Nashville has finally seen the return of autumn and Advent has come following closely. Advent is a strange liturgical time in that the church year is beginning with a doubled sense of anticipation. The cooling days with falling leaves are spent waiting, waiting, waiting. Everyone is longing for the day to come when we celebrate the birth of Jesus and the awaited return of the jolly fat elf in the red suit. Society at large is waiting for the return of Santa. I’m sure you were reminded in this past Sunday’s sermon about the dual nature of Advent. It’s not just a time for stockings and presents. It’s a time to prepare ourselves for that next Advent. The final coming of Our Lord and the fulfillment of His kingdom.
Reading the Gospels I was always struck by how Jesus spoke of the kingdom as being “at hand” (Mt 4:17) or even “…there are some standing here who will not taste death before they see the kingdom of God come with power.” (Mk 9:1). This makes it seem that the kingdom was near and that it certainly should be here now. This world can hardly be mistaken for the world of that kingdom as described by the Scriptures. The lions and lambs are not making nice and swords and spears are still being used in the time honored method. There are moments when there are flashes of the kingdom to come or maybe echoes of long lost Eden. Flashes though are not reality. Remember that God does seem to be like a poet. Repeating themes in stanza after stanza in the poem of Creation. Is there something in the past that is the same sort of theme of being and yet not being fully manifested? I was looking for a type. A prefiguring that would shed light on this problem.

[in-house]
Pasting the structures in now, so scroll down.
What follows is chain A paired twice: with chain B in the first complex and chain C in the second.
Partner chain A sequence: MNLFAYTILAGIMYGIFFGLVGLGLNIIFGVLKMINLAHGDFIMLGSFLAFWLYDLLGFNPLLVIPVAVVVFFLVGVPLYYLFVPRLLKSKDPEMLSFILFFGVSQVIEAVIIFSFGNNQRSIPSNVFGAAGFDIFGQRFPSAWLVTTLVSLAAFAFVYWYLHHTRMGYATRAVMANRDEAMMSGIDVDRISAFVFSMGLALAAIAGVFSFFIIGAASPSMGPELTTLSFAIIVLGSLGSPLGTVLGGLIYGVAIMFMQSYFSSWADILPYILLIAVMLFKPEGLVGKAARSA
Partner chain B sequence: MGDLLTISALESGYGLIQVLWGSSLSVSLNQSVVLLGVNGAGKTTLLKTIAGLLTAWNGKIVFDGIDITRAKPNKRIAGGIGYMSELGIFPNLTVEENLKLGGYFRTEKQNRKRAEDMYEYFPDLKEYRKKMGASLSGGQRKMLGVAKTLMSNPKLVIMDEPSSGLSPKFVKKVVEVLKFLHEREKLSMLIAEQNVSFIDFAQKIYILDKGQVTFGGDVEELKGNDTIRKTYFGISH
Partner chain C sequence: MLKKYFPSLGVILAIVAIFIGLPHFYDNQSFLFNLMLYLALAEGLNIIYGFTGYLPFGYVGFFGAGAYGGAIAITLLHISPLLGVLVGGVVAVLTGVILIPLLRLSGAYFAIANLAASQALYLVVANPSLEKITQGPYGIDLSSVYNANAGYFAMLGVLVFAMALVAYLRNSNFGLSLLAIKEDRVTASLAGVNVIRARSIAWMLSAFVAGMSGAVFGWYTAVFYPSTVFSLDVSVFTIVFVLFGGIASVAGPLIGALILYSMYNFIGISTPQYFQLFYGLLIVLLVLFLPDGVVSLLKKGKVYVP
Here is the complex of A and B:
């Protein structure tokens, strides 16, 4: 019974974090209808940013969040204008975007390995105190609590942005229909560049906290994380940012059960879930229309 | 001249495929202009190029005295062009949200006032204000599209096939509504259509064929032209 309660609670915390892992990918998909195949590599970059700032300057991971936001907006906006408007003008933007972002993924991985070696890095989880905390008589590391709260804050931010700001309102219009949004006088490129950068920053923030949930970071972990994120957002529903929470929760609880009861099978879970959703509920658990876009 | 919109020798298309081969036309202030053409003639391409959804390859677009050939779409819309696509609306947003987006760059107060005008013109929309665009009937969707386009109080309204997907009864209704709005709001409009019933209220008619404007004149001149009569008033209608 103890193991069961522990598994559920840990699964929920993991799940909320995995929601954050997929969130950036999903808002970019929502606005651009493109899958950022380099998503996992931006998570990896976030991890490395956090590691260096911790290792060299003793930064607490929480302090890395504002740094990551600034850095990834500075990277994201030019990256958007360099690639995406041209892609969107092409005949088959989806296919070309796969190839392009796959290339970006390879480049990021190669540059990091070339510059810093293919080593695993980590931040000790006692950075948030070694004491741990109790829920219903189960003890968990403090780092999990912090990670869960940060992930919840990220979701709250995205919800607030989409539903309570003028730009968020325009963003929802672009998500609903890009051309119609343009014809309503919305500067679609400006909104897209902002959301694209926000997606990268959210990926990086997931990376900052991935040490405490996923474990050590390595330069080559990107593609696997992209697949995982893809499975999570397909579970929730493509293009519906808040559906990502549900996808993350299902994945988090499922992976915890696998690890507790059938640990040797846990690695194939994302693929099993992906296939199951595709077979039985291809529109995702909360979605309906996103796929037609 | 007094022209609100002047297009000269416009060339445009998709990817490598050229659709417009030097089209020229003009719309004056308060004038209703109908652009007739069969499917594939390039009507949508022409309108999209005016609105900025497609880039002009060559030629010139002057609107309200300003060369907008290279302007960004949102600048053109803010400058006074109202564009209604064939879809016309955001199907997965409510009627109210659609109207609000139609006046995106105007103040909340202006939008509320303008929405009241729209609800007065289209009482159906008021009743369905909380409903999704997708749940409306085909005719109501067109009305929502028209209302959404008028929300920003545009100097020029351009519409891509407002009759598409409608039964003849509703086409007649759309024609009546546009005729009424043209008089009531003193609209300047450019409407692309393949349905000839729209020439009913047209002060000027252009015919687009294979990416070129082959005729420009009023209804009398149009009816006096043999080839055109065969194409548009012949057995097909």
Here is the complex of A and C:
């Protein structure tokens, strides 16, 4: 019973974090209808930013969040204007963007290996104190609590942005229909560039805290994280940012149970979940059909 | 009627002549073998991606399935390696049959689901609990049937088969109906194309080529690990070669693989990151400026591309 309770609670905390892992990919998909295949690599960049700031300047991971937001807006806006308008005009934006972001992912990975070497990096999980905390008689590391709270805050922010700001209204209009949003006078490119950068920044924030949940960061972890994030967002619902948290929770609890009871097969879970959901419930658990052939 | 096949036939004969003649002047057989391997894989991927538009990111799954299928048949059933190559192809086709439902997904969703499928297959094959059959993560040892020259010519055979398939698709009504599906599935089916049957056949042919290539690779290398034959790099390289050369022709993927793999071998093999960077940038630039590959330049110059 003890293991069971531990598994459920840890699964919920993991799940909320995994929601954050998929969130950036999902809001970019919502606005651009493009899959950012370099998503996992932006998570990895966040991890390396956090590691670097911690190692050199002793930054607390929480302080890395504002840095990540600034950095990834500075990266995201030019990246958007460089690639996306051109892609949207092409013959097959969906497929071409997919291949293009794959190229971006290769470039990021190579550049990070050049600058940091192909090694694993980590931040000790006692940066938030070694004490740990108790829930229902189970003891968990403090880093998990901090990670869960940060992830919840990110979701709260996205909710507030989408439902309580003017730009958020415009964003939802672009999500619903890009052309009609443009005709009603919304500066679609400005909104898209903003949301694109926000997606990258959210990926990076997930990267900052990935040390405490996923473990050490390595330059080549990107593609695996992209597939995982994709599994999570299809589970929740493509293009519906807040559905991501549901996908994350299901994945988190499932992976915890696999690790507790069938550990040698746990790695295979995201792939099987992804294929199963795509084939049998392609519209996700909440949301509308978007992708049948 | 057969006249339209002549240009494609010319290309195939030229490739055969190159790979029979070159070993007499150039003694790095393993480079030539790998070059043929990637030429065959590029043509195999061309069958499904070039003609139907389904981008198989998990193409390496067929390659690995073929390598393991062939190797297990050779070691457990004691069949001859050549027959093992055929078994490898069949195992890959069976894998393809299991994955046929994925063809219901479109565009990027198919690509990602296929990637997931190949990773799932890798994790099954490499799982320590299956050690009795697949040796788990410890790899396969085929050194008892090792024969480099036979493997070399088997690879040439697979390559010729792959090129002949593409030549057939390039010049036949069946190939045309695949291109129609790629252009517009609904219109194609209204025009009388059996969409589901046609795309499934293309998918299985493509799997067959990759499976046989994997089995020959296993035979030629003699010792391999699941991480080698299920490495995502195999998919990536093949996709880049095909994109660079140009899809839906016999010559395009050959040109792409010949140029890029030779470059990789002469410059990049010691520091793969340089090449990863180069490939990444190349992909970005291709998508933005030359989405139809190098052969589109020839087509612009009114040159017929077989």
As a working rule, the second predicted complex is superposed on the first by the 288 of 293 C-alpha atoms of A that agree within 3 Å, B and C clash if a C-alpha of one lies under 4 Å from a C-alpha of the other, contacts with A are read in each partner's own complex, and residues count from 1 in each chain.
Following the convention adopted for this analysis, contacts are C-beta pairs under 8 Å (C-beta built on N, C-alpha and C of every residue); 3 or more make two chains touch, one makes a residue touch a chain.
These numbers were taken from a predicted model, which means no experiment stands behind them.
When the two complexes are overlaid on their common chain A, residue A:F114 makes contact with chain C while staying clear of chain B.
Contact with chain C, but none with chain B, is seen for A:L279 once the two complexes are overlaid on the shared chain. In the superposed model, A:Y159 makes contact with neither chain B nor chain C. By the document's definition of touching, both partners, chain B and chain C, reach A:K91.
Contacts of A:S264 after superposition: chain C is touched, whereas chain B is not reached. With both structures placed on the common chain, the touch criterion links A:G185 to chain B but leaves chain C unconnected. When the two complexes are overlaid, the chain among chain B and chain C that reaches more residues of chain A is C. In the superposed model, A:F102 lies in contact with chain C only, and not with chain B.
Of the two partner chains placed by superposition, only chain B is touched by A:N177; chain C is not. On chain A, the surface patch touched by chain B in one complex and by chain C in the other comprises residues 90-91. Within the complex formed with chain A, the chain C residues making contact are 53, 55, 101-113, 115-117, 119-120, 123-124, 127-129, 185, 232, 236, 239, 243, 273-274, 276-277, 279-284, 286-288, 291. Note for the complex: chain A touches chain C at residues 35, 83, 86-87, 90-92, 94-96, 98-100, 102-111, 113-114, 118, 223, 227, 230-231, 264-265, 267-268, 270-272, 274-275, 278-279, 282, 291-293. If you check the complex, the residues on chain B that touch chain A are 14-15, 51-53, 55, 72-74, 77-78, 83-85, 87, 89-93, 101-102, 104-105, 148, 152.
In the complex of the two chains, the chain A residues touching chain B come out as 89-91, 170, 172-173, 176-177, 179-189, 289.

Advent offered that type, that image. Nativity of Jesus and His return. Naturally the image of the kingdom having been conceived and now gestating waiting for it’s birth. It seems fitting to me that we can think of Jesus growing and developing as a man in Mary and now we Christians grow and develop also in Mary waiting for that next nativity. When the Mass was revised there was a part of the Creed that was updated. The phrase “…by the power of the Holy Spirit he was born of the Virgin Mary…” was changed to “…and by the Holy Spirit was incarnate of the Virgin Mary…” See the distinction? Jesus was already here with us as a man at the Incarnation. His brith at Christmas was the fulfillment of his becoming flesh and dwelling with us. The Kingdom and the Incarnation are a double Advent and a double Nativity. Now and not yet.